R is extremely powerful language for statistical calculations and processing numerical results. You can do nearly everything what professional Computer Algebra Systems(CAS) and other computation systems can do. You really should pay an attention to R because of its real big repository of the community supplied packages. Consider that you faced with common “model fitting” problem, and in package repository there may be from 5 or 10 packages that can help you to fit a model. Some of them may use same methods, some of them different. That’s great! Even if one of the packages is broken, you can use the other one. In my experience for R it is much more difficult to face with broken package than for example for Perl!, so if you found two working packages, you could use both to prove your assumptions. Also this helps you to be much more at the edge of the “problem solving”, not at the low-level edge, when you spend additional time on doing things that are not worth to(why should you create new Gaussian distribution generator?).
Since I am doing programming on R language for some while I want to familiarize some common gotchas and difficult parts of R programming. Surprisingly, I don’t know how it is better to learn any statistical language, and especially how to learn R. Yes, even if you done some tutorial on R or read a book on R programming, you forget that this is something that is far from your needs. This is not what you wanted to have.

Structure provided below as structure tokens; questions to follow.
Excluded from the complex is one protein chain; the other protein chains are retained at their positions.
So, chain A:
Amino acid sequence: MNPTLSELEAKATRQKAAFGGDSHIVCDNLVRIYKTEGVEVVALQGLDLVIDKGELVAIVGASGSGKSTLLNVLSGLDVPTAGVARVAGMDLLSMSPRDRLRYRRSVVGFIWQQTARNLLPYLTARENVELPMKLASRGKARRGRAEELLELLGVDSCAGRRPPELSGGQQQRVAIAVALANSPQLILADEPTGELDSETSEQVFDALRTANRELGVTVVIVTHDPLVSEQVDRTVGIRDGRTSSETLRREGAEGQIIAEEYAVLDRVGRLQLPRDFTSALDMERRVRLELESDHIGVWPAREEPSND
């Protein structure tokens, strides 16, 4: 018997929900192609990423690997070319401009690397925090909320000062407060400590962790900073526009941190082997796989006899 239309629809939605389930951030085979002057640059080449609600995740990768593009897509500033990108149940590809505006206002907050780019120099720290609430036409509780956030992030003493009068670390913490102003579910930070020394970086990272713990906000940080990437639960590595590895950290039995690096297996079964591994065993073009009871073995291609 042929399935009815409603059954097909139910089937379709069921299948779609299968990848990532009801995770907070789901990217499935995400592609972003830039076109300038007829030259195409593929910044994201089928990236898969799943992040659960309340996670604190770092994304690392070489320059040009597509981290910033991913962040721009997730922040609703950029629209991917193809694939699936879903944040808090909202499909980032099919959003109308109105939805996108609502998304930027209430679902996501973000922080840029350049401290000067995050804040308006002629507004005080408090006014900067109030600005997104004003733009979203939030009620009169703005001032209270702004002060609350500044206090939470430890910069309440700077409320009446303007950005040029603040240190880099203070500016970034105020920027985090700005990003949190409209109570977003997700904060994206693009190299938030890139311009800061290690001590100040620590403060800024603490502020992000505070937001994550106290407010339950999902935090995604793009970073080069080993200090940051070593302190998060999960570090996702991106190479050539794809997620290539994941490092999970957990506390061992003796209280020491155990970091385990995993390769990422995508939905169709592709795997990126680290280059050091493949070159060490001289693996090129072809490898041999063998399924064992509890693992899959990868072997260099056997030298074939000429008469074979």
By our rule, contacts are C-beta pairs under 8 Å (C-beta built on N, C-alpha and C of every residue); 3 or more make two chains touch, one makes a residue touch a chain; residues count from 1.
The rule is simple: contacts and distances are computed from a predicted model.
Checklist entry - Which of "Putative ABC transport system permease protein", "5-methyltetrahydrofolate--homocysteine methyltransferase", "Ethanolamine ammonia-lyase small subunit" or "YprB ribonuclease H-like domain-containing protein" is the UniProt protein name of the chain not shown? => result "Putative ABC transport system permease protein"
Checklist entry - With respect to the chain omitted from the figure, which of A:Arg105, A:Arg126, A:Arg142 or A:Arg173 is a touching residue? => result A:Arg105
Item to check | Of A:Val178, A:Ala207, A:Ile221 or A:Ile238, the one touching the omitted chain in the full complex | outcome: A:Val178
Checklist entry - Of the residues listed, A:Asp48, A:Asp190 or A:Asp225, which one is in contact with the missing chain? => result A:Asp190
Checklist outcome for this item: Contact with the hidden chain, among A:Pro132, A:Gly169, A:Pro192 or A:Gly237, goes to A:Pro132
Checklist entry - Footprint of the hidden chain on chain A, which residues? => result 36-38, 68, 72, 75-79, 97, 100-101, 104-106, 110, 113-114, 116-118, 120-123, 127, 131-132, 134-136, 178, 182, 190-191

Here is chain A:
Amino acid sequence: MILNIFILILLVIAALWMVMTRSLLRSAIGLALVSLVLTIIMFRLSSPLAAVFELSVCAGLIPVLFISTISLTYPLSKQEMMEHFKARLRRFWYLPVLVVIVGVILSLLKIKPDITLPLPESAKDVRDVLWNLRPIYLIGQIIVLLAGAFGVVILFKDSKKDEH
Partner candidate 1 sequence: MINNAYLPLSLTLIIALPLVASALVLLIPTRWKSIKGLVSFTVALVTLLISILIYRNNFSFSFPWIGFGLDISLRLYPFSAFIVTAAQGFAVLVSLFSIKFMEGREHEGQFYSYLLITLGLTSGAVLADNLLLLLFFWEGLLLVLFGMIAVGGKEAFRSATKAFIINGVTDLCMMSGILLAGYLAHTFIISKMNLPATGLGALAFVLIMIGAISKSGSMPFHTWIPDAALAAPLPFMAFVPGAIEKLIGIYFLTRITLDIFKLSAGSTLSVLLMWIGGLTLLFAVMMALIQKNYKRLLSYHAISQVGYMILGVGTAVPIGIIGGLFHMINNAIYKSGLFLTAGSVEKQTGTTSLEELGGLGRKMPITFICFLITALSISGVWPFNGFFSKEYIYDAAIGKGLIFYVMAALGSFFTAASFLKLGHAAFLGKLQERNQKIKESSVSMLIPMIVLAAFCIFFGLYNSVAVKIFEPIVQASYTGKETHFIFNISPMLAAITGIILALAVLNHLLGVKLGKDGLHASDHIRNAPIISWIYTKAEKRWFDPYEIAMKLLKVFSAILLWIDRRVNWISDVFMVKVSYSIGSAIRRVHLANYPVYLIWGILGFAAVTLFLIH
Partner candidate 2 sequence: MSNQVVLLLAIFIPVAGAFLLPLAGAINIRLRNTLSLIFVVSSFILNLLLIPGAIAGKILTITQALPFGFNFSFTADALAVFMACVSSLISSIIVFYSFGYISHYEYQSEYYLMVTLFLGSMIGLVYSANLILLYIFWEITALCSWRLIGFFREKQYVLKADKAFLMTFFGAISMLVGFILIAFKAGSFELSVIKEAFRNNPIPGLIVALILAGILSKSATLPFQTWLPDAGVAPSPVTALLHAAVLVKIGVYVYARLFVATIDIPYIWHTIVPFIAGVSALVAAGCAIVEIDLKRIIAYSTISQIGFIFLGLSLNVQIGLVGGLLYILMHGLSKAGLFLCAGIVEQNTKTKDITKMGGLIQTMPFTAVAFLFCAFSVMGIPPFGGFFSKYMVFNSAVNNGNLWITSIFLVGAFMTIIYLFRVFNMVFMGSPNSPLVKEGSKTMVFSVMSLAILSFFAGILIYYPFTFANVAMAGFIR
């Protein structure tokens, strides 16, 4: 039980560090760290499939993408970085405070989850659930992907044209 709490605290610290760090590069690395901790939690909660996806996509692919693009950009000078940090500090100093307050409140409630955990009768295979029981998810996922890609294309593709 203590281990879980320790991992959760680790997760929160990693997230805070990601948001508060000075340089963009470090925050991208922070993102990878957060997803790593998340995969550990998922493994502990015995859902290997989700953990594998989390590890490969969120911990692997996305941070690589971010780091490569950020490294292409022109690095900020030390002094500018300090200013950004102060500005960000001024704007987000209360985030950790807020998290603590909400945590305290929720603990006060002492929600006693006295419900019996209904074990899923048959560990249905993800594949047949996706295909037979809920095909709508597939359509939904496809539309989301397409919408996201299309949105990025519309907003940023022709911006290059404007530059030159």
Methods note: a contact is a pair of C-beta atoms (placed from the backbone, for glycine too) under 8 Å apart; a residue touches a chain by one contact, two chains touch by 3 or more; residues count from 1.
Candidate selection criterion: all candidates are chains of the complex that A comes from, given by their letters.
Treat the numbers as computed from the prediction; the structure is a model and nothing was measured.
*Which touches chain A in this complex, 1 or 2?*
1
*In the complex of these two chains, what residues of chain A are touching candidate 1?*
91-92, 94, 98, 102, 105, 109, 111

Being familiar with a tool and being able to process your real data are really different things.
From this side you’re trying to solve your problems and this can be achieved with two possible ways whose are very similar :
- Digging through Help and finding small parts of knowledge that might be useful
- Searching through known Use Cases similar to your problem
While the first way helps you to be more familiar with fundamentals part, the second will not help you in understanding of the language core principals. But hey, you’ve spend half an hour and fitted your model as you wanted. Greeeat!
R is a tool, and usually when you first thought “Oh, I’ll solve Dat with R”, you hadn’t faced with a big problem that goes out of scope of your understanding of what is really R and how it is helpful. Going deeper is always a problem, writing your solution in a best case should be minimized to searching nearly appropriate existing solution. That’s the best case - don’t spent time for “classic learning” of the R, try to figure out what core language conceptions are incorporated in your problem, why you program not working right now.
And seems that this is a basic Practical Programming approach and it also should be used when you deal with R.
TLDR; Learning languages isn’t what we should do on daily basis. Even if you’re not a programmer. Just solve “daily” problems.